Did the Maya make more than a metaphor out of the perception that man is the mirror of the macrocosm? [Are] human fate and the larger drama of the galaxy somehow linked?
Origins"Coupling mechanisms may be difficult to prove, but elucidation of subtle coupling mechanisms is what the new science of dynamics is designed to do." – Terence McKenna
Microcosm and macrocosm are two aspects of a theory developed by ancient Greek philosophers to describe human beings and their place in the universe. These early thinkers viewed the individual human being as a little world (mikros kosmos) whose composition and structure correspond to that of the universe, or great world (makros kosmos, or megas kosmos).
Kosmos at this time meant "order" in a general sense and implied a harmonious, and therefore beautiful, arrangement of parts in any organic system; hence it also referred to order in human societies, reflected in good government. Comparisons between society and the human being, as well as society and the universe, were varieties of microcosmic theory. These analogies enjoyed a long life, first in the Mediterranean region during antiquity and later throughout Europe during the Middle Ages.
Plato’s Demiurgos, for example, who brought order to original chaos, tried his best to eliminate disorder. He does very well beyond the Moon. Unfortunately for us, the Demiurgos does not have fine grained control of the forces of matter and nature. There is no power that can tame a certain ‘recalcitrance’ in matter. This is why the creatures living on the earth occasionally suffer the shocks of earthquakes, famine, great epidemics, and war. Humans, themselves, are definitely ‘sub-lunary’ creatures, and remain chaotic despite trying, at times, to imitate the great model of the Heavens above them, or the Divine Mind or Power which people believed to lie behind it. In the Philebus, Plato argued that human beings and the universe are both composed of an elemental body and a rational soul, and that just as the human body derives from the universe's body, the human soul must derive from the universe's soul. The universe is, therefore, not only an orderly system but an intelligent organism as well. Plato expounded this theme at greater length in the Timaeus, where he explained how the structure of the human being parallels that of the universe through certain correspondences in body and soul. Just as the body of the universe is spherical, and its soul is composed of orbits along which the planets wander, so too the soul of the human being is composed of orbits along which its emotions rove, and it inhabits the head, which is spherical. The rest of the human body exists merely to serve the head. [read more]
Although the ancient idea of the microcosm appealed to many Christian thinkers, their view of the macrocosm as an inanimate structure created by God ex nihilo at the beginning of time led to major alterations of the ancient theory. Most conspicuously, the world-soul was omitted or interpreted allegorically as a reference to God's providential care for the created world. Although Greek Christians, unlike the Latins, had direct access to the ancient sources, they were ambivalent about the pagan philosophical heritage. [read more]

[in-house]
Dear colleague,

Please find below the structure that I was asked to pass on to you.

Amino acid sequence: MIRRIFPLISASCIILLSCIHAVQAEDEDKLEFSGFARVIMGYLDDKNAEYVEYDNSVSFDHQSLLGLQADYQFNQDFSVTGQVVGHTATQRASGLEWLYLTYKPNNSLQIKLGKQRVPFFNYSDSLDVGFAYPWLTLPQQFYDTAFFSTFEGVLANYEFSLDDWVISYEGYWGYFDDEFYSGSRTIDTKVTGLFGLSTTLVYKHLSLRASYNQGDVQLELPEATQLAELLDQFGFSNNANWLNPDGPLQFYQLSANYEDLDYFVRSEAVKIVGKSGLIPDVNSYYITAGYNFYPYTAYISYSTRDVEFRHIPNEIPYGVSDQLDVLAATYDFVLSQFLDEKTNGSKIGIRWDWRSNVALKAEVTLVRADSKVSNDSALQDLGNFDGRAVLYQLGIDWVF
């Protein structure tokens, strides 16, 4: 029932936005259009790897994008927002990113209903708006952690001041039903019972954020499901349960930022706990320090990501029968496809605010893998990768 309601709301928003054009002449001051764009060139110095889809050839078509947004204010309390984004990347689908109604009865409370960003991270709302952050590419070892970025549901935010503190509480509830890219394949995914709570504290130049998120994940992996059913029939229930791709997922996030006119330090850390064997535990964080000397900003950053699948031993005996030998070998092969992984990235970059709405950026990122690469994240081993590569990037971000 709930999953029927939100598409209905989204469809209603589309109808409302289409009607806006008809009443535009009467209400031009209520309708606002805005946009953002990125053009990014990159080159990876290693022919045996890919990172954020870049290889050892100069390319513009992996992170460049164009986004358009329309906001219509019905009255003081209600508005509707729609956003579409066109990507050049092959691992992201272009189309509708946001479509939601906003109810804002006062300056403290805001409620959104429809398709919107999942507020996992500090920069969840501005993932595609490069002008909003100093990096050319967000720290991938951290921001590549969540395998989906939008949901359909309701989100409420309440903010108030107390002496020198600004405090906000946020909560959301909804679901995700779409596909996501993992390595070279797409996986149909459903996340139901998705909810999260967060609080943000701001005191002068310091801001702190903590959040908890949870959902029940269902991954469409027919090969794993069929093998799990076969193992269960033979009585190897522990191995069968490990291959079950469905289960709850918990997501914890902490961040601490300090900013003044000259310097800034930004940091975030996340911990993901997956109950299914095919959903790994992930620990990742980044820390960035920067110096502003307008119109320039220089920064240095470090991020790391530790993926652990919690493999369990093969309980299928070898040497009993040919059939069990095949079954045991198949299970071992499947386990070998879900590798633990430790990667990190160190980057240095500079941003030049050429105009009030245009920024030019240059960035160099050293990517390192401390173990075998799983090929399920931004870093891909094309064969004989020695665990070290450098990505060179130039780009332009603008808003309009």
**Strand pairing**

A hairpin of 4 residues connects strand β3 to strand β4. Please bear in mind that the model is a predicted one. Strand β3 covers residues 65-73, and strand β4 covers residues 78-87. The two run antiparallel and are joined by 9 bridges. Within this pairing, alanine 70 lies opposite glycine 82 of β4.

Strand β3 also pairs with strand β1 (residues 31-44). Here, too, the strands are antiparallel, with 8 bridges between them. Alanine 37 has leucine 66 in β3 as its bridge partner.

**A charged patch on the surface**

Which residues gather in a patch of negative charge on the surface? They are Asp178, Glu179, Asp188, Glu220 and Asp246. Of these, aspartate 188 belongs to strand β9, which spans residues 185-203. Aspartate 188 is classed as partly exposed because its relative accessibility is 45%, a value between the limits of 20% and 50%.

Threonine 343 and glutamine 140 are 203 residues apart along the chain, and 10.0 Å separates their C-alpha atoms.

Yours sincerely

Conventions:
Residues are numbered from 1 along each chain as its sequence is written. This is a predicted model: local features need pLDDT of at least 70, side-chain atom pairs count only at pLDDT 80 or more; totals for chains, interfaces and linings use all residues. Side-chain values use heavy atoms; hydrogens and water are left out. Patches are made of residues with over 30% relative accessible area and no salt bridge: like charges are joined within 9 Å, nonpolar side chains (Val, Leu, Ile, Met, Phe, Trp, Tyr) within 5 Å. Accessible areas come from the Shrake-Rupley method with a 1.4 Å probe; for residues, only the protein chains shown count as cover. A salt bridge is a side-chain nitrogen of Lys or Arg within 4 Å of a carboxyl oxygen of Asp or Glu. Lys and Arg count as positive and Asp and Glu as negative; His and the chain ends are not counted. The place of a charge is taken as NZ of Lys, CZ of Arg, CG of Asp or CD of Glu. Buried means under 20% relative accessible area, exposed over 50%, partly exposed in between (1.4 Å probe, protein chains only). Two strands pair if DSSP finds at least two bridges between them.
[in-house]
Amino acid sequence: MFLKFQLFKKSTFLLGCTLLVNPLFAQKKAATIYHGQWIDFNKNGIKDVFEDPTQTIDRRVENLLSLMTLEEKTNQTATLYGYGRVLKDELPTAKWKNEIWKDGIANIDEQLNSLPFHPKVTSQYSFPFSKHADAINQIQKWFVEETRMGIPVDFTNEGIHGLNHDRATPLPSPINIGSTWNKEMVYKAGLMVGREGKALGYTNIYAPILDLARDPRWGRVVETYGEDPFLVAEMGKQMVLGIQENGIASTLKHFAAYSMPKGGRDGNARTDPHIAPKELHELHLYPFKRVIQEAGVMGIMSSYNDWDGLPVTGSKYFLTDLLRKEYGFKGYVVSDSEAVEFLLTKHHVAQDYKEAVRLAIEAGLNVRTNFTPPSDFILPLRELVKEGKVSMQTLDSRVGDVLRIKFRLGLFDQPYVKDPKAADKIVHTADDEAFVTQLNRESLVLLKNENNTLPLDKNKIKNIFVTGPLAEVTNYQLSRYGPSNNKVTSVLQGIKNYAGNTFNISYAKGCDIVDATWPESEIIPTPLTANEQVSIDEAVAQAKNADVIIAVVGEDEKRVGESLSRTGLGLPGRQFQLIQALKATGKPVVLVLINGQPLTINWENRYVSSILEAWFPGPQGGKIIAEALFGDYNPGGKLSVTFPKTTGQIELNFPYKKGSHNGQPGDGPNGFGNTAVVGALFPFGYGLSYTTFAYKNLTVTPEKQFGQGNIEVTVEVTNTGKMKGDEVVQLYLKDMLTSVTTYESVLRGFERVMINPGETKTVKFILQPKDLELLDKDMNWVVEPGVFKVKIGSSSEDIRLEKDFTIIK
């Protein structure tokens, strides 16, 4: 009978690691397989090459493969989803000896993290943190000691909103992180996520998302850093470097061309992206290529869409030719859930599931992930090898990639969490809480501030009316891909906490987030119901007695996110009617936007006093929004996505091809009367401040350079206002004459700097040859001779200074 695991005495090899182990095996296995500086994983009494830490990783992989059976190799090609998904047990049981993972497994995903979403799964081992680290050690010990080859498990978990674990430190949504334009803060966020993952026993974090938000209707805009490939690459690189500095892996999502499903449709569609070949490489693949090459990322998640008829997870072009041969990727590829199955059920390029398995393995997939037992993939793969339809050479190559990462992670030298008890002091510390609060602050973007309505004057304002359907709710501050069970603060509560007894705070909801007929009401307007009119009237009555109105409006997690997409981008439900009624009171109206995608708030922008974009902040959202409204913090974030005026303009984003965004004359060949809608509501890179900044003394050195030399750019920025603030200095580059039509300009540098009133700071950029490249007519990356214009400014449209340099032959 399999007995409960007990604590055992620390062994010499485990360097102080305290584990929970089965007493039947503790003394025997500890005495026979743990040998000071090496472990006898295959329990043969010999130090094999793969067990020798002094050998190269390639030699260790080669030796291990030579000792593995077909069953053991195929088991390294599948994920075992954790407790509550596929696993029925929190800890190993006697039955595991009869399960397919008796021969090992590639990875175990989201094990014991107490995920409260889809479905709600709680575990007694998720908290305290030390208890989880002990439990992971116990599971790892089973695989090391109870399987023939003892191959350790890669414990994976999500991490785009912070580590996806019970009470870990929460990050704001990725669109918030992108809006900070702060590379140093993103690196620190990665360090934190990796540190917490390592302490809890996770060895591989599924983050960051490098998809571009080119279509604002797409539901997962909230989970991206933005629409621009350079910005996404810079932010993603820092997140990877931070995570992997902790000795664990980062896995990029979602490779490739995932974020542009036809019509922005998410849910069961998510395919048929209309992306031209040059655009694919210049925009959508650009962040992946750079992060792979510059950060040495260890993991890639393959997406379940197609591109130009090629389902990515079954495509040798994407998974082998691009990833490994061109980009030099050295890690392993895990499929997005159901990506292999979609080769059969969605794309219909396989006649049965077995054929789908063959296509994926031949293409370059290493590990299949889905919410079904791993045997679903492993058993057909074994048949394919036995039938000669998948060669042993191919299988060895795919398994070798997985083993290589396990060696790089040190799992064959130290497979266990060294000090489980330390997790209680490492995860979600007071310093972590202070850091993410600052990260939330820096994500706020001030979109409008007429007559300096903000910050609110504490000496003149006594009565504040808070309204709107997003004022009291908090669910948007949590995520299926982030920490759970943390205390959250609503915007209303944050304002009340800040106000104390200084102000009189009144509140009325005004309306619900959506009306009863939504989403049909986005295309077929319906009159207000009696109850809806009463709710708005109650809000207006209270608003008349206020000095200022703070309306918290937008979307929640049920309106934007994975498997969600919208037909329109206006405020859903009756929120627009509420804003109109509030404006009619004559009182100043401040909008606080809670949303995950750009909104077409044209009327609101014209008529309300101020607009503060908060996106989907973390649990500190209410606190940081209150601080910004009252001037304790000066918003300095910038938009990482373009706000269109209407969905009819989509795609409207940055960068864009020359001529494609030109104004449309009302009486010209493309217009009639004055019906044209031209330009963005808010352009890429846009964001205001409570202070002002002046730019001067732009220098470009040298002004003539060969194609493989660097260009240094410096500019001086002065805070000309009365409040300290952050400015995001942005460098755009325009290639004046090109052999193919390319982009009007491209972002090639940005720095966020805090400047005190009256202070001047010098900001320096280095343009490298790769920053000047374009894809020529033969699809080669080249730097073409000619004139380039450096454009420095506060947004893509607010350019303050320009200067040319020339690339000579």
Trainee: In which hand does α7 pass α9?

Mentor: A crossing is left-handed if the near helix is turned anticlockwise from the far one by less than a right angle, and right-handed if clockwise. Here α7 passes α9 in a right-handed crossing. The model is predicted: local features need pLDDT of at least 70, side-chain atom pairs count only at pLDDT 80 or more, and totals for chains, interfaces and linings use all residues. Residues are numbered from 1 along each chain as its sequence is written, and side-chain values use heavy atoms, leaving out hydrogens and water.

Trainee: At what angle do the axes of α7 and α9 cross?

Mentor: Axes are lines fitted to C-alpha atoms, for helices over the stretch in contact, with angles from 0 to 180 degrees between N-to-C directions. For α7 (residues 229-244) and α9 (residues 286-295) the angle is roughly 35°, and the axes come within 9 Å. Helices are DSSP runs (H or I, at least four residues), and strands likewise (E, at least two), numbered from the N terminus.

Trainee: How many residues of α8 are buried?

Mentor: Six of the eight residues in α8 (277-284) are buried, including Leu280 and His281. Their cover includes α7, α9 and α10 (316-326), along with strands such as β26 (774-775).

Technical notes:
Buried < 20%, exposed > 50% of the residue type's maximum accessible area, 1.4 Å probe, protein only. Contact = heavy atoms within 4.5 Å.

Latin terminology generally assumed comparative forms—"lesser world" (minor mundus) and "greater world" (maior mundus) —although it also adopted the Greek loanwords microcosmus and macrocosmus (or more commonly megacosmus). Latin treatments of the microcosm were generally superficial until the twelfth century, but certain distinctive features did appear before then. Although Augustine of Hippo preferred the comparison of humanity to God, he developed a theory of the seven ages of man and the world, which was a projection of the seven days of creation and the seven stages of the human life cycle onto history. Pope Gregory the Great offered a concise and oft-repeated formula that combined the microcosm with the concept of the Chain of Being, whereby humanity was thought to contain all of creation because it shares simple existence with stones, life with plants, sensation with beasts, and reason with angels. [read more]
A remnant of this way of thinking lingers in the imagery of Shakespeare. King Lear experiences a mighty storm on a blasted heath that mirrors the chaos of his soul. In another play, Caesar ignores the dire omens that preceded his murder. When comets fly, or a bird falls from the sky, they are signs of a correspondence between the great and little worlds. We call this ‘magical thinking’ today, but that does not make it go away. Magical thinking still flourishes in the world, and nothing can stop a person from thinking magically. We used to look at the entrails of sheep to prognosticate the future. Now we try to 'read' the stock market, or estimate the invisible risks of investments. Modern societies build change into the order of things. There is no microcosm or macrocosm because we live in an undivided universe. There is no ‘above,’ no ‘below,’ but only universal forces working out the details of their manifestations in space and time. This may be correct from a scientific point of view, which Thomas Nagel calls “the view from nowhere.” However, the distinction may still have a use in helping us to explore the problems of ‘perspectival’ thinking, which is the view from somewhere.
Today, the distinction between the macrocosm and microcosm can highlight for us the gap that exists between the world at it is revealed to an individual’s immediate perceptual and cultural registry, and the greater world that always escapes it. How is this, and why is it important?